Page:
“Perhaps I can follow a heroic existential nihilist’s sterling example of surviving the harshness of reality by employing an attentive narrative examination of my recalcitrant life to extract shards of personal truth and elicit a synthesizing purposefulness of my being from the darkness, anarchy, and chaos of existence. Perhaps through the act of engaging in a deliberative examination of the ontological mystery of being and investigating the accompanying stark brutal doubt that renders a materialistic life intolerably senseless, absurd, and meaningless, I can confront the baffle of being and establish a guiding set of personal values to live by in an indifferent world. Perhaps by using the contemplative tools of narrative storytelling, I can strictly scrutinize the key leaning rubrics veiled within an array of confusing personal life experiences. Perhaps by engaging in a creative act of discovery I can blunt the pain and anguish that comes from the nightmarish experience of suffering from an existential crisis.”
Kilroy J. Oldster, Dead Toad Scrolls

Søren Kierkegaard
“Just as the weak, despairing person is unwilling to hear anything about any consolation eternity has for him, so a person in such despair does not want to hear anything about it, either, but for a different reason: this very consolation would be his undoing; as a denunciation of all existence. Figuratively speaking, it is as if an error slipped into an author's writing and the error became conscious of itself as an error; perhaps it actually was not a mistake but in a much higher sense an essential part of the whole production, and now this error wants to mutiny against the author, out of hatred toward him, forbidding him to correct it and in maniacal defiance saying to him: No! I refuse to be erased! I will stand as a witness against you; a witness that you are a second-rate author.”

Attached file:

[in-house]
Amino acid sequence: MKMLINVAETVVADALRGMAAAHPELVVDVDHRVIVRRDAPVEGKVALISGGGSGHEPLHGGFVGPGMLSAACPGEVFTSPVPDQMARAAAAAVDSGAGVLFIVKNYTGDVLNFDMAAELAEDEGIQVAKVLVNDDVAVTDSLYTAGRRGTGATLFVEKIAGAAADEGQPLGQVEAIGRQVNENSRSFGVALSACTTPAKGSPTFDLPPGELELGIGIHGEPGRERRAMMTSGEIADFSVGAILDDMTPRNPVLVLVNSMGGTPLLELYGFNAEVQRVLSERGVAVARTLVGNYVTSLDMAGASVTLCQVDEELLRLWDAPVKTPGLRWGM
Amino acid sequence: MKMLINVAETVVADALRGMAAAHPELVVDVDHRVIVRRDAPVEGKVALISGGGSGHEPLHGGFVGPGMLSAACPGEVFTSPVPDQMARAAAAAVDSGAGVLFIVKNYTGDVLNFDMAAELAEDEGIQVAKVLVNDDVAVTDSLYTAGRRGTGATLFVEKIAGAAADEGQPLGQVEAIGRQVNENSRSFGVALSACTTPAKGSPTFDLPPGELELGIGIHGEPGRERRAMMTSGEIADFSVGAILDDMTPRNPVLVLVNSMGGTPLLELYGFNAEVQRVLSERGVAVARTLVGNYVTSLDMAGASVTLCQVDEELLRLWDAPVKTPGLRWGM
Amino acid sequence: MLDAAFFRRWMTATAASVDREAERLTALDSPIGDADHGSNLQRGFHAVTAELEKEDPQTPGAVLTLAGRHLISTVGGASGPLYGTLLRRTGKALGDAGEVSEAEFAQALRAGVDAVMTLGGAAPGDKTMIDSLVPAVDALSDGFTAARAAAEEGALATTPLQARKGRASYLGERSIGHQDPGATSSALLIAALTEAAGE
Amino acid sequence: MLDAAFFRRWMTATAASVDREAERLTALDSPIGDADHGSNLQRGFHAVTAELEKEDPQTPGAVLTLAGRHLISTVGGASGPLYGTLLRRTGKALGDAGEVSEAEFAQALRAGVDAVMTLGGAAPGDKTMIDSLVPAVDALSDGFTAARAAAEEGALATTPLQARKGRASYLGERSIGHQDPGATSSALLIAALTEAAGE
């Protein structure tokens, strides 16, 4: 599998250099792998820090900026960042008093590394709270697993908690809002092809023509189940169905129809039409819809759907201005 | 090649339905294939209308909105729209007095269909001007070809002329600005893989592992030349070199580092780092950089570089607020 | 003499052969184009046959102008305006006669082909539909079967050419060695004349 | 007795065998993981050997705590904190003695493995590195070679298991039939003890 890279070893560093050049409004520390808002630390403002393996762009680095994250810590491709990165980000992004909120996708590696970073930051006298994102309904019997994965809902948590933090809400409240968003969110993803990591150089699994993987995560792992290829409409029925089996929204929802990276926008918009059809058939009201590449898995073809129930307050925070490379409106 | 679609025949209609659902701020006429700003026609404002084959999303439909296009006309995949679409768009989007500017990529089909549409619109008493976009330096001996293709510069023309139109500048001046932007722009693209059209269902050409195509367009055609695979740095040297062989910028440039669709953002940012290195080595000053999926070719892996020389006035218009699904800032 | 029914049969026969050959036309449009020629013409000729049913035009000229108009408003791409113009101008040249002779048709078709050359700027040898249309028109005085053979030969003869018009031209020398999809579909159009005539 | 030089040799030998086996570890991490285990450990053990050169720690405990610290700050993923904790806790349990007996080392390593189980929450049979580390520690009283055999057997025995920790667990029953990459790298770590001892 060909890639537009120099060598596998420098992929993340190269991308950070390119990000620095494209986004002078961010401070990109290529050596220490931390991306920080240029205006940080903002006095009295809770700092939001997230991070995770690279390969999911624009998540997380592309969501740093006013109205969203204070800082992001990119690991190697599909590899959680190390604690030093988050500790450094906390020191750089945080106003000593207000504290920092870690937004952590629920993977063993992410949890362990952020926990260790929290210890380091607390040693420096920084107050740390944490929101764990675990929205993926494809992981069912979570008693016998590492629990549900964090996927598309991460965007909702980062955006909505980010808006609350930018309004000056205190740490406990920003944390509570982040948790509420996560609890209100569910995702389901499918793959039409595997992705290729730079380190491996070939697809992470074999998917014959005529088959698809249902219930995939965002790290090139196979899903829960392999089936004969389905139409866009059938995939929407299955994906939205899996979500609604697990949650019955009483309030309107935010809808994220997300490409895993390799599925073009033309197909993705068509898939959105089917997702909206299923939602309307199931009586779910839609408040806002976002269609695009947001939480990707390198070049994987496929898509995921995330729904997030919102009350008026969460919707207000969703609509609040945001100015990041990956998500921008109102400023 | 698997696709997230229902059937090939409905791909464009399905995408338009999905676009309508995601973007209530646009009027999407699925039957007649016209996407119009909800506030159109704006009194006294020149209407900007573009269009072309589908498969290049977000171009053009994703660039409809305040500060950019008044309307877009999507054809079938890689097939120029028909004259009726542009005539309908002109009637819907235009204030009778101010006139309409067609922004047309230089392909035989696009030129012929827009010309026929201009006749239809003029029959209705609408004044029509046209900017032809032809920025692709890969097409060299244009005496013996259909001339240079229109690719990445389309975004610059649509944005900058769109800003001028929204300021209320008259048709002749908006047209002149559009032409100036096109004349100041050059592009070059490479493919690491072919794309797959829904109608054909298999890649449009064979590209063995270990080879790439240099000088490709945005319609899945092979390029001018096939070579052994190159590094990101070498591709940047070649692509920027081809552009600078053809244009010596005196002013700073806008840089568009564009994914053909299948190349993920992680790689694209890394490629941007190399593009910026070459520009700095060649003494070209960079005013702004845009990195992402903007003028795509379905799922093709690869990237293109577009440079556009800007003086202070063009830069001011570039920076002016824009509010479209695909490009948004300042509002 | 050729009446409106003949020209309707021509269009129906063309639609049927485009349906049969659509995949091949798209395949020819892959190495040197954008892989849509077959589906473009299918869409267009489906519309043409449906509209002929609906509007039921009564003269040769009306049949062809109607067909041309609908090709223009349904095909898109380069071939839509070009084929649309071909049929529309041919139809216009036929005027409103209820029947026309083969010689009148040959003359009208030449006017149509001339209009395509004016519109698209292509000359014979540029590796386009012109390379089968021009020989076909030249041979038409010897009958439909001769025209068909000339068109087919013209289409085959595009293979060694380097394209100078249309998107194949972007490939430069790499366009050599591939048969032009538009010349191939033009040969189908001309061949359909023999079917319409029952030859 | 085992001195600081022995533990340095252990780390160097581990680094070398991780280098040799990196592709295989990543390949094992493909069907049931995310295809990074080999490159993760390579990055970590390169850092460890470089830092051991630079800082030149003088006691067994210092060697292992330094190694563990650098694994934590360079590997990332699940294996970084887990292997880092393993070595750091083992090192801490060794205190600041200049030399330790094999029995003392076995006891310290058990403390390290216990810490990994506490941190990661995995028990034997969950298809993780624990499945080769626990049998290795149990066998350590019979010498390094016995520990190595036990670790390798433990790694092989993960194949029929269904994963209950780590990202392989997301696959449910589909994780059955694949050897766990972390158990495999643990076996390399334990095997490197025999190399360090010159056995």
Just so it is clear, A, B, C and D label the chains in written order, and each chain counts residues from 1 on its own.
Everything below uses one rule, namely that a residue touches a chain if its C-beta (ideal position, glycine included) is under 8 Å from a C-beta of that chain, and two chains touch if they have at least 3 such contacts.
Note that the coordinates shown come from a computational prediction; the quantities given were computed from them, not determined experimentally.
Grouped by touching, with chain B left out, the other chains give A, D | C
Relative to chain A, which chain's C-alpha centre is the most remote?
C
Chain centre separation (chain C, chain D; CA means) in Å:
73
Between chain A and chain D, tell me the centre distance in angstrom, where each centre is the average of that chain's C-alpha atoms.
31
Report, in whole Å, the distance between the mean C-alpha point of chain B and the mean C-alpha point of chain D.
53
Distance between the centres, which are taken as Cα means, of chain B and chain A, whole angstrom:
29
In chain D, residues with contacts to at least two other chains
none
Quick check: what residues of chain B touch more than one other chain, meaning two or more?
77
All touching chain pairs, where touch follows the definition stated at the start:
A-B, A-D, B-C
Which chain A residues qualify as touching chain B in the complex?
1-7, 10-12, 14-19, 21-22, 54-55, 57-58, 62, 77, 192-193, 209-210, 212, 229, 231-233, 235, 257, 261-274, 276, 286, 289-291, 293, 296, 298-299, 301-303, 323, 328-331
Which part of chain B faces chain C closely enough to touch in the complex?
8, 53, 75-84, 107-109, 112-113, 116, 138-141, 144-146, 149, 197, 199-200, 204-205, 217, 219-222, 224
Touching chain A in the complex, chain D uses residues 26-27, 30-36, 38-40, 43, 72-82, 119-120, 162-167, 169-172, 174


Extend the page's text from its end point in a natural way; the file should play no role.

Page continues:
Søren Kierkegaard, The Sickness Unto Death: A Christian Psychological Exposition for Upbuilding and Awakening

“Am I alone in an ensconced inner world where I obsessively worry about what happens to me, where the story of personal survival becomes the central theme of my shallow existence? I think not. Swaddled in our own brand of strangeness, we all struggle to come to terms with our demonstrated personal shortcomings. Our yearned-for life of living in pink skyways far removed from harm’s way is depressingly marked in contrast by our actual crabby existence spent scuttling along akin to a smug lobster, scrunched down on the asphalt streets, working in the city grid as frumpy members of the faceless mob.”
Kilroy J. Oldster, Dead Toad Scrolls

Aman Tiwari
“Am I selfish to rejoice in my freedom as a priceless possession? Is freedom antecedent to selfishness or does it empower us to be selfless for others?”
Aman Tiwari, Memoir: The Cathartic Night

Aman Tiwari
“If all my life has been a mirror reflecting the others then who am I? What are my desires?”
Aman Tiwari, Memoir: The Cathartic Night

Colin Wilson
“In his embryonic form, as the Outsider, he does not know himself well enough to understand the driving force behind his feelings. That is why his chief concern is with thinking, not with doing.”
Colin Wilson, The Outsider

Simone de Beauvoir
“That’s what’s so wonderful about you, you’re so self-sufficient that I feel that you’ve created your own self.”
Simone de Beauvoir, The Blood of Others

“We are souls in the flesh
specters caught between
the limbo of yesterday and tomorrow
illusions of the present
imposters in these skins

I am rain blown sideways by the wind